By Holly Long
When the Canadian Wildlife Federation partnered with the Ministère des Forêts, de la Faune et des Parcs du Québec (MFFP) to aid in their understanding of bat populations within the Outaouais Valley, I jumped at the chance to study these amazing creatures. We assisted the MFFP with their research by travelling specific routes within Gatineau Park in search of bats.
How Do You Track a Bat, Anyway?
Since bat echolocation occurs beyond the scope of human hearing, we utilized bat detecting technology in order to hear the bats along the roadways. Generally, traditional bat detecting equipment can be complex to operate so as a new user I was excited that CWF was equipped with a more user-friendly alternative. Phew! Truthfully it was pretty simple to use. The Echo Meter Touch module by Wildlife Acoustics plugs directly into an iPhone and is used in combination with an app that pairs with the device. . Each time a bat call is picked up by the device, the software runs an analysis and shows the most likely species for the bat and translates the frequency to one that is audible to the human ear.
Adventure Awaits: On Route
Late one August evening, versed in the use of our new equipment, myself and three researchers at CWF, Carolyn, James, and Brandon, sought to complete our first night of surveying in the park. To comply with the MFFP standards for the bat surveys, we needed to complete two driven loops of our given route from Pink Lake via the Promenade Champlain to a given point in Kingsmere.
Armed with our equipment and readiness for the night’s events, we jumped into our vehicle and to our enthusiasm, the first recording of the night yielded a result. The spectrogram bounced up and down on the detector, alive with colour, as what sounded like a symphony of tiny metal and glass objects clinking together emitted from the speakers of the device. A small box popped up on the screen reading, “Big Brown.” Immediately upon Carolyn drawing our attention to the triggered identification, Brandon and James fiddled with the spotlight and pointed it towards the open night sky. We all popped our heads out of the car windows and focused on the canopy gap created by the roadway, searching the space for a flying figure, but to no avail.
A mere two minutes later, the device began to pick up the sound of another bat. Again, the screen read, “Big Brown”. We pulled over to the side of the road and Brandon shined the spotlight up into the night sky. There it was, flying overhead with quick and erratic wing beats, our first bat sighting of the survey. Being able to not only hear the bat call on the detector but also see that same bat flutter above us was an unforgettable experience.
We continued the survey into the late hours of the night. It became apparent that the roadways were a hot spot for bat activity the further we travelled. Soon we were stopping almost every minute to try and spot a bat flying in the sky as the detector sounded with the same clicks and clinks as before. Sometimes we were even able to witness multiple bats flying, one after another, trolling the opening in the canopy for a midnight meal.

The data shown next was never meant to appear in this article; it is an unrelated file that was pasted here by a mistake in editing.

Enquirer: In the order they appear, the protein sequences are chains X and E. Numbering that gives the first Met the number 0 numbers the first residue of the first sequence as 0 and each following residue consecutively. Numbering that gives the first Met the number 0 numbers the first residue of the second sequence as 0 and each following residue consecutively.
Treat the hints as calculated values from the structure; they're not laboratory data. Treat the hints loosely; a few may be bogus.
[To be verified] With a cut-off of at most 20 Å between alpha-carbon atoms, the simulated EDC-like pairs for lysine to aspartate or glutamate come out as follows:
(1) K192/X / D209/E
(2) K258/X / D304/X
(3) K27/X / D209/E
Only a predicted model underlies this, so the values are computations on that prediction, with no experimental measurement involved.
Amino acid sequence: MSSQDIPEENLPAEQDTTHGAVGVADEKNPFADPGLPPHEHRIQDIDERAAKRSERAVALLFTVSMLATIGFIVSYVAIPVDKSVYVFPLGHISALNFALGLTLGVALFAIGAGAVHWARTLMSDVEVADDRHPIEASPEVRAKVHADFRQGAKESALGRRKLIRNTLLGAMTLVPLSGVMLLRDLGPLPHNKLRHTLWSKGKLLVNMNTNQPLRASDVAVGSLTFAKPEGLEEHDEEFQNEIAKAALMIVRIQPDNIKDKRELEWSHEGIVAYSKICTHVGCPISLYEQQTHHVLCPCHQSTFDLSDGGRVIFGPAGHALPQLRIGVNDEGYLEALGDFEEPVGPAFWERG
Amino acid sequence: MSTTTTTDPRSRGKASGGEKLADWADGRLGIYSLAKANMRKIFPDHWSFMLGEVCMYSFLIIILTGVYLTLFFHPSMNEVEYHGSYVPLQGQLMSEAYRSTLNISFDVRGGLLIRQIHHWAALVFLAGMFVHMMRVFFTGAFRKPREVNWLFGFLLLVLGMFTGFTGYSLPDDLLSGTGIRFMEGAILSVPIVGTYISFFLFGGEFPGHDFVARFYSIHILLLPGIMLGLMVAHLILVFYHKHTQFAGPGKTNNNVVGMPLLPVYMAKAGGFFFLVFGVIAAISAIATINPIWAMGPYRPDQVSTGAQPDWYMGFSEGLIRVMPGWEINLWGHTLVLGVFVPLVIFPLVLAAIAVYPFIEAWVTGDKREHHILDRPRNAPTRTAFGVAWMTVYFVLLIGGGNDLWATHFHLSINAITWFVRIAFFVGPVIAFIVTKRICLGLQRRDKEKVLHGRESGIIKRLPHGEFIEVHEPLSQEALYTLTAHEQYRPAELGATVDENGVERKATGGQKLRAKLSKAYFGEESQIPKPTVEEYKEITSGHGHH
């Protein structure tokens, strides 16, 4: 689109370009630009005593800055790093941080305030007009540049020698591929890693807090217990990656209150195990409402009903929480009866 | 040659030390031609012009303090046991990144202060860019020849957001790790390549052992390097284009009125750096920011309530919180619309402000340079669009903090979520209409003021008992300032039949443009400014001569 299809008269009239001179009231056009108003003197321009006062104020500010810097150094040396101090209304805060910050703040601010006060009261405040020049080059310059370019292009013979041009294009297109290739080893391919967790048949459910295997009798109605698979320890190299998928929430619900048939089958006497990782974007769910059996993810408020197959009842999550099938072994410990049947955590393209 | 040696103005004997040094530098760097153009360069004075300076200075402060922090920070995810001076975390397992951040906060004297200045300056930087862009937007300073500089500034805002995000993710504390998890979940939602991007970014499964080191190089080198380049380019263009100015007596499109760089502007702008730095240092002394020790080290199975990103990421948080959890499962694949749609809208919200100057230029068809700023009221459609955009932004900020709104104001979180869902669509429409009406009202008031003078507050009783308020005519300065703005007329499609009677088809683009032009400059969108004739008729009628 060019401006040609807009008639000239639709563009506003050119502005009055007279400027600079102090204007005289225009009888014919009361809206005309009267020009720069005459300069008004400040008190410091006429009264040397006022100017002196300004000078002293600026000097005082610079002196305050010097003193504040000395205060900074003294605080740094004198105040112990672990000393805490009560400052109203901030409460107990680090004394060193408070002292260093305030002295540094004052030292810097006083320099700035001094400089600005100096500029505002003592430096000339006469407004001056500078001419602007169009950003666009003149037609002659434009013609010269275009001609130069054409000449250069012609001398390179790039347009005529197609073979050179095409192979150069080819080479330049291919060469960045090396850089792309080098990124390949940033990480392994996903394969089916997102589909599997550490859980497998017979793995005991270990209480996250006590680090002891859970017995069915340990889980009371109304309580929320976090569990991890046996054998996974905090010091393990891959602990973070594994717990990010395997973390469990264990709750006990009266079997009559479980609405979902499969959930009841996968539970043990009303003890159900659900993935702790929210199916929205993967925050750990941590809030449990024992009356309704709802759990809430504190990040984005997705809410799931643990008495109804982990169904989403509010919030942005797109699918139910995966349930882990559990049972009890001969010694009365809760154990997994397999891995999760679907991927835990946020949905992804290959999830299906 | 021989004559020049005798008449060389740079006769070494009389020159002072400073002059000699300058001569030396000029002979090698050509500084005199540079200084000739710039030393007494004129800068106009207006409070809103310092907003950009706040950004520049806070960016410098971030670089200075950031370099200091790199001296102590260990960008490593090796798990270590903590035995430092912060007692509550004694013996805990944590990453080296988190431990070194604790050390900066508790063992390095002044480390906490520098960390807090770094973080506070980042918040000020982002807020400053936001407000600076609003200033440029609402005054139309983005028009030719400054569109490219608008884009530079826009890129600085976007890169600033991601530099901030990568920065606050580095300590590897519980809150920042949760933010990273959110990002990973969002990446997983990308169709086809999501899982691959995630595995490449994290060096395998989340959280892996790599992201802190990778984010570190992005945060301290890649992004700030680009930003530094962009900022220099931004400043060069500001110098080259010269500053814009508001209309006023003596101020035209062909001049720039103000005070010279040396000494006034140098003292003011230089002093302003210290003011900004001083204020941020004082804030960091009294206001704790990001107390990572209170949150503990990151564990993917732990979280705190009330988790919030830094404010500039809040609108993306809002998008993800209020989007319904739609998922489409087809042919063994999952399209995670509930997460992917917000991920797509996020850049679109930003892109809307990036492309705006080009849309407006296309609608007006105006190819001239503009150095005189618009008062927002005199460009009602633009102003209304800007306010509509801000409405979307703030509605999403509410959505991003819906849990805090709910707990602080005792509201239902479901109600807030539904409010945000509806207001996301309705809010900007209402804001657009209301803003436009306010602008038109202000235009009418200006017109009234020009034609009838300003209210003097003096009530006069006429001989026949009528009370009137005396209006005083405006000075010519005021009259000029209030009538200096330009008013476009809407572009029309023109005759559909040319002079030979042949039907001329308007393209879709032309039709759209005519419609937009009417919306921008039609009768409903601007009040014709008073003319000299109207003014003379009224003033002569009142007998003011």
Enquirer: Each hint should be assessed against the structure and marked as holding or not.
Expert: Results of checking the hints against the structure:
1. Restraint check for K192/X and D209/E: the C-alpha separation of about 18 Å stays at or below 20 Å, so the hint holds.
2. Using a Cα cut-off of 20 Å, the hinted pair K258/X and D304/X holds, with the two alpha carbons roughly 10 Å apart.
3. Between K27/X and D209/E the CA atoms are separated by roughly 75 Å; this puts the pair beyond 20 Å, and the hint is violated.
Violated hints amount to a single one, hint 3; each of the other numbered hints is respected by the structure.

The Results Are In!
The cast of characters. At the end of the night we had accumulated an abundance of data both written and on the bat detector. Big Brown and Silver-haired were our two most identified bats of the night. The detector also identified other species such as Hoary, Little Brown, Eastern Red, Tricoloured, and Northern Long-eared.
We hear you loud and clear. The Big Brown and Silver-haired bats seemed to have the loudest calls exuding from the detector, with other species like the Hoary bat and Eastern Red having quieter calls. We hypothesised that this was because these bats were possibly not using the roadways as much as the two other species were to search for insects. Thus the sounds were being detected from greater distances and potentially becoming muffled in the process.
Sizing them up. When we had the opportunity to see them in flight, the Big Brown and Silver-haired bats also appeared to be a little larger than the other species.
Our Second Adventure Begins: On Foot
The roadway surveys left us wondering if there was a bias in exclusively conducting surveys on the road, if different species really did prefer to feed within the canopy and if gaps within the woods would yield the same detection results as the canopy gap created by the roadway.
And so we set out on foot, walking trails within the park that ran close to parallel along the original roadway route. The walking surveys did not yield anywhere near as many results as the original surveys did.
The Results Are In!
The cast of characters. The bats we identified on the detector time and time again during our walking surveys were the Silver-haired and Eastern Red Bat. Hoary bats also accounted for a sizeable amount of the detections as well.
Open vs. closed canopy. We found that each time our walking path would cross the road the visual and detector observations increased, but when we were walking through heavily forested areas, the results were limited. Gaps in the forest canopy and areas with open water along the trails produced more identifications on the detector then the heavily tree covered areas did. However, the sounds generated from the device were still much quieter than those produced while walking along the road.